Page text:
My rebellions were always in a controlled environment with a safety net. I didn’t storm the gates of the castle; I tripped acid in my dorm room. I went to college as an art major, but all I learned in school was how to roll a proper joint – a skill that to this day comes in very handy. What can I say– I’m too young for Prozac.
When I joined the ranks of the corporate soldier as an advertising designer, it was strictly as an escape from the menial world of the service industry. A way to stop serving people. When I was in school, I wanted to be a painter. My fellow fine arts majors and I turned our noses up at the commercial artists who shared our building and designated smoking area. We labeled them sellouts. While we sat outside, smoking pot and painting flowers, they rushed to class to learn about typography and layout principles.
I later found out that “fine arts major” was a polite way of saying service industry, while “sellout” meant financial security. I spent the last 2 years of college, and first 3 after graduation working on the wrong side of a coffee counter serving up half-caff double tall nonfat lattes with a splash of vanilla to self-absorbed, over-medicated, bored housewives and store bought beatniks carrying around German philosophy books as fashion. It drove me to new levels of disgust for the human race.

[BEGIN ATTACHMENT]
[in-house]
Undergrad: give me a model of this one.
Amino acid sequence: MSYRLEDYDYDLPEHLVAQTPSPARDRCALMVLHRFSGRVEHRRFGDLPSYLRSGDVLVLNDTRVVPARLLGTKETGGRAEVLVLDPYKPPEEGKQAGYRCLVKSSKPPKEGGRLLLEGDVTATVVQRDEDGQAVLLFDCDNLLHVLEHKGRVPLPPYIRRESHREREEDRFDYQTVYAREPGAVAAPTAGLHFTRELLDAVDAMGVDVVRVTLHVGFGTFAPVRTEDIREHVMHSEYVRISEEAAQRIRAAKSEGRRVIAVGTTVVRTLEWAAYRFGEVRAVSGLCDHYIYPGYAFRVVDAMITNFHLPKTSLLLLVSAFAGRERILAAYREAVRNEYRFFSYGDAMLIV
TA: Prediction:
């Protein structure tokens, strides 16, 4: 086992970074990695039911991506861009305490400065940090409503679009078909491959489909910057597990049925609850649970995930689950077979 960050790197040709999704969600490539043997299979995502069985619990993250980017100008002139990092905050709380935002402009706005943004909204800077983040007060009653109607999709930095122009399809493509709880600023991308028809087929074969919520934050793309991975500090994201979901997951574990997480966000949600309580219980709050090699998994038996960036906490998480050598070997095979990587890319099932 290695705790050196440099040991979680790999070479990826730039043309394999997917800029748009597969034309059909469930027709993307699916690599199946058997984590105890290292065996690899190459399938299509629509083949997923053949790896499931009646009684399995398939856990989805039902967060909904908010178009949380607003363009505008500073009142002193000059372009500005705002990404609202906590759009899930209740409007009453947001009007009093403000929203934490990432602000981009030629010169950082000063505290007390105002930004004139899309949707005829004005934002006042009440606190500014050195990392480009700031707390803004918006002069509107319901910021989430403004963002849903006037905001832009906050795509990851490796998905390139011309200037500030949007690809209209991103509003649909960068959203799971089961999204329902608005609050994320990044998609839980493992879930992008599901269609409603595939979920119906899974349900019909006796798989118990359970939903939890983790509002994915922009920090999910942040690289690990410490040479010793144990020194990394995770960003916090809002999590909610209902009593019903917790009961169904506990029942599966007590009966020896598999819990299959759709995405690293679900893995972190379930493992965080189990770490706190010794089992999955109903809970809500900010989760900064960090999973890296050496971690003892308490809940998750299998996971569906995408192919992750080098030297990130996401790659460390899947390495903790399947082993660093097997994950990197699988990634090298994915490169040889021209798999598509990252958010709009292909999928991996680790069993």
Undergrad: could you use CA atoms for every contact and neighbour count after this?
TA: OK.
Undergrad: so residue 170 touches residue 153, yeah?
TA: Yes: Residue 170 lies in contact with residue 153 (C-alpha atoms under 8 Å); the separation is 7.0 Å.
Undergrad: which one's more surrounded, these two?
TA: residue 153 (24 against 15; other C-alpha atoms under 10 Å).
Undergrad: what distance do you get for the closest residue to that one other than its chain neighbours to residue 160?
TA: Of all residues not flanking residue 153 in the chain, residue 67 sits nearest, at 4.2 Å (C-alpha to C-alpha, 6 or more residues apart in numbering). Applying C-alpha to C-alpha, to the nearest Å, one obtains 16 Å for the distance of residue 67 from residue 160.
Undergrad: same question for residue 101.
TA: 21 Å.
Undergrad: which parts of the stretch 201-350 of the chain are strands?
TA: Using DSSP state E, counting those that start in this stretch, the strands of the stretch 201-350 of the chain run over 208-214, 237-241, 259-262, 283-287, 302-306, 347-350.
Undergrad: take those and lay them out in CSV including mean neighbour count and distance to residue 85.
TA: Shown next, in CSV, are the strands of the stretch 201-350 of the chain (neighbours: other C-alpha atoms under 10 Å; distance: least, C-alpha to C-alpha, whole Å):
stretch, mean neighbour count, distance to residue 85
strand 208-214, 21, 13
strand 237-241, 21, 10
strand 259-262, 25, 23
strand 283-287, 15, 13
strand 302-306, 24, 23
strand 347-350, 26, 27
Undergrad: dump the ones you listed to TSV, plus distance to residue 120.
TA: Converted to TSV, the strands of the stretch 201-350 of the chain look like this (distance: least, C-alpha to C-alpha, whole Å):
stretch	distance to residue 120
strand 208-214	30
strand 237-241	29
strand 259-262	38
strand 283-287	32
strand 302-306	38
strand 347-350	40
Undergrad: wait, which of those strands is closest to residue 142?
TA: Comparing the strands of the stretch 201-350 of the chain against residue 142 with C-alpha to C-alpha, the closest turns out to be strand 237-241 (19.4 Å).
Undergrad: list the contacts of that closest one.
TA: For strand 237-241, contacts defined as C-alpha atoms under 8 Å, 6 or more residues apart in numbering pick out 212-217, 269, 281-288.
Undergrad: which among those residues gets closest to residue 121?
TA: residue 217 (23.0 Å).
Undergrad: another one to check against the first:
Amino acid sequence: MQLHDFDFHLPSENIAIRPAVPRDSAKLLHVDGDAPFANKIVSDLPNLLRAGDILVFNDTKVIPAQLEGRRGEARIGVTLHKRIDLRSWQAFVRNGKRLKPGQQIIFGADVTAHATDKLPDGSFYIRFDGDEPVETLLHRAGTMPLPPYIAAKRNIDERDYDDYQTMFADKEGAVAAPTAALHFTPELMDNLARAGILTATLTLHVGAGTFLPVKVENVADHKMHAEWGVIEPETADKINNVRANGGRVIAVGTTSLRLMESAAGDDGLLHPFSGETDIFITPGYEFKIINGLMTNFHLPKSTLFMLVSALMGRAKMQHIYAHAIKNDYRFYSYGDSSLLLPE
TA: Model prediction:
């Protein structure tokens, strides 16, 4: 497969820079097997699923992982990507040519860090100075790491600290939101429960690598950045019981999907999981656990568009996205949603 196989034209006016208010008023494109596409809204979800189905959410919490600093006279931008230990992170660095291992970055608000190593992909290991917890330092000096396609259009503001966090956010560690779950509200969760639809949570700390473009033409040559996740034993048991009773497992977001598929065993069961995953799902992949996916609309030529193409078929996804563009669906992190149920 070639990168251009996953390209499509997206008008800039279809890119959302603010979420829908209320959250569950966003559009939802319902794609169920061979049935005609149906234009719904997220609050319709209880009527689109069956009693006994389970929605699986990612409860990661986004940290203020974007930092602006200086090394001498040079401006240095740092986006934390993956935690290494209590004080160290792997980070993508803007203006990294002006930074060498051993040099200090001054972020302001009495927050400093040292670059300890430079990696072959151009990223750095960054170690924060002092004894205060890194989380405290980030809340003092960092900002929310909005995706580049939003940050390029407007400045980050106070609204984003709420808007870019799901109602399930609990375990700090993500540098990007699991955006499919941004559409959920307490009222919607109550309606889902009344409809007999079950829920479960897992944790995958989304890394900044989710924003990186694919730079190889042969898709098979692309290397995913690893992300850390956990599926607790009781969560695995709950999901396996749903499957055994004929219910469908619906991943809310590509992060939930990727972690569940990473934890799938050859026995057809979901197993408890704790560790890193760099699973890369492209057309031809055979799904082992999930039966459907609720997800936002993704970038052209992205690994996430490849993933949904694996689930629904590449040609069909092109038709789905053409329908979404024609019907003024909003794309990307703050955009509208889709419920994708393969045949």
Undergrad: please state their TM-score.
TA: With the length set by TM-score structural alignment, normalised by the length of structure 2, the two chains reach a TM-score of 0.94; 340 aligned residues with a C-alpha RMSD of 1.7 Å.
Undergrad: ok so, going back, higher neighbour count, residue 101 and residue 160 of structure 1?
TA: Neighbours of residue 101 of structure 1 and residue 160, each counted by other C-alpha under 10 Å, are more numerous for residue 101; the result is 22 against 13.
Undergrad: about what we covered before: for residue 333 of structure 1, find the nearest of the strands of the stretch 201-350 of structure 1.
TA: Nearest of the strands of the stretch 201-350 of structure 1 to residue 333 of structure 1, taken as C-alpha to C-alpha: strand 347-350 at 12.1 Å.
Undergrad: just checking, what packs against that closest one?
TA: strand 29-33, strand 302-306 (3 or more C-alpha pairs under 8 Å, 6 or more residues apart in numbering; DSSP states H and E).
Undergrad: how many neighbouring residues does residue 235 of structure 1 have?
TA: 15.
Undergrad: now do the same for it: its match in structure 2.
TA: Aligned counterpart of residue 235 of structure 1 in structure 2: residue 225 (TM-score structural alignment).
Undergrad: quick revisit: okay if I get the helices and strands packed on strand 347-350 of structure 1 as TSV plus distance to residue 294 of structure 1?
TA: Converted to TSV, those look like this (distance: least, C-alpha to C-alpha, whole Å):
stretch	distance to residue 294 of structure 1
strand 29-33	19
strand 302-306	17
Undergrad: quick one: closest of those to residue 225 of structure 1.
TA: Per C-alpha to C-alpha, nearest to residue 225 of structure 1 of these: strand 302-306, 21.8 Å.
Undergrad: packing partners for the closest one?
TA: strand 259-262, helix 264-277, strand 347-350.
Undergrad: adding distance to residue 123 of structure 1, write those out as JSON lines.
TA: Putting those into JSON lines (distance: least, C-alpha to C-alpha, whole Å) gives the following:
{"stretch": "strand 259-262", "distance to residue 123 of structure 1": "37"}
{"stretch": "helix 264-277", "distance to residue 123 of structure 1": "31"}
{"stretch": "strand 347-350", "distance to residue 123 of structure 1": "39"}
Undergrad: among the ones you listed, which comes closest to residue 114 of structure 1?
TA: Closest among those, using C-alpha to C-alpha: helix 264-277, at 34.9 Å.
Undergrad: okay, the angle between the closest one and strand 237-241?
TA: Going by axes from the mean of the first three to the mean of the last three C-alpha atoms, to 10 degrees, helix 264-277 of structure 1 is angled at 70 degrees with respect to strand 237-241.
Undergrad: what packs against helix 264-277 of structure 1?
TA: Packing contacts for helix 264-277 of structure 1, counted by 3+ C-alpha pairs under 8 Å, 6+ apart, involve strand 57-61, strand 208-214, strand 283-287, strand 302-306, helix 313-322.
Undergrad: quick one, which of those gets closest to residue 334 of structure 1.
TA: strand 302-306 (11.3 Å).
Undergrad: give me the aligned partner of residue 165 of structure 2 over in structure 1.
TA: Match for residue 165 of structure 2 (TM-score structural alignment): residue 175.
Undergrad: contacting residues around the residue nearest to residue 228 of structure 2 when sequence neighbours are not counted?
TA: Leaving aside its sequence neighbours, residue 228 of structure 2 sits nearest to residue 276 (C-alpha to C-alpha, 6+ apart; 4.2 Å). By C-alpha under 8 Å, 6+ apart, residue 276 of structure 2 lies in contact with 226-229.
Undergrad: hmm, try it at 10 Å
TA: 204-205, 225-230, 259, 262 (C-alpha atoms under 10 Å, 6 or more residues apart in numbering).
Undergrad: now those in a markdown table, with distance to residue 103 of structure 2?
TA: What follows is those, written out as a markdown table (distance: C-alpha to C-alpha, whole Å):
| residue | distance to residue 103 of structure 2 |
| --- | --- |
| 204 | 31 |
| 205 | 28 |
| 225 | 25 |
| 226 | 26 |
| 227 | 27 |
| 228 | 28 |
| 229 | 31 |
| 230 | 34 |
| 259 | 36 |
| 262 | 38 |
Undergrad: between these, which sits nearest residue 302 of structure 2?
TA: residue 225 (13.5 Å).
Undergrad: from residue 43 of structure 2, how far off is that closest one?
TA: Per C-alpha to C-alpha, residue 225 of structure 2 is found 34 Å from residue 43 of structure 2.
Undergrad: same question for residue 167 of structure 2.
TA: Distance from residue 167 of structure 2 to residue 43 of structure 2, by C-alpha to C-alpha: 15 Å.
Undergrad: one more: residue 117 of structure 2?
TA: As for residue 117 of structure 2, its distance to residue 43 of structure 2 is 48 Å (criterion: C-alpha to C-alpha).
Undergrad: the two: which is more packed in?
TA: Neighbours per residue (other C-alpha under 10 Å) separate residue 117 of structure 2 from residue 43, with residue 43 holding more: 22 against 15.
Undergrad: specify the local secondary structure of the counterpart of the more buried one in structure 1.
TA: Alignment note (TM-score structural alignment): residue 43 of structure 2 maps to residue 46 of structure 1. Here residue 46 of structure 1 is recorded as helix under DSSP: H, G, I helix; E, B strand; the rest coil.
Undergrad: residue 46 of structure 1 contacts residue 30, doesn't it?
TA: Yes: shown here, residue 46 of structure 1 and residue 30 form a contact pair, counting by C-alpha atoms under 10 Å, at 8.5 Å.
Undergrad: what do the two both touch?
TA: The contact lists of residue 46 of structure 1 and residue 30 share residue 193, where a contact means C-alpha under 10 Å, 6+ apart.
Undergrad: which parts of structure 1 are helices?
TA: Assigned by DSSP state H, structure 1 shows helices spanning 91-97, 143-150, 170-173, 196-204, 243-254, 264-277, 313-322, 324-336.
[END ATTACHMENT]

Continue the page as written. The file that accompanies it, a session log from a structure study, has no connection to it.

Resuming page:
It was while I was working the midnight shift at an especially soul-taxing coffeehouse full of sketchy characters that looked like they could kill a puppy without blinking that I bumped into an old friend from college. He was one of the sellouts learning about fonts while I was busy getting stoned and kicking around a hackey-sack in the quad. He was also on the right side of the counter ordering a fancy espresso drink in a little cup from me, disgruntled and coffee stained. He was an art director for one of the many thriving ad agencies in town, pulling down three times what I was making as a coffee jockey.
He worked half as hard. Being both lazy and greedy, as is the nature of my generation, I put away my paintbrushes, bit the bullet, and sold my soul to Corporate Charlie. The internet was a booming industry making it all too easy to fall into a career. I began designing web pages, and ordering the coffee instead of brewing it. I like to tell myself that I didn’t sell out, I merely bought in. Whatever it takes to sleep at night, right?
To read more of this great book pop on over to his myspace page. Can I get an amen?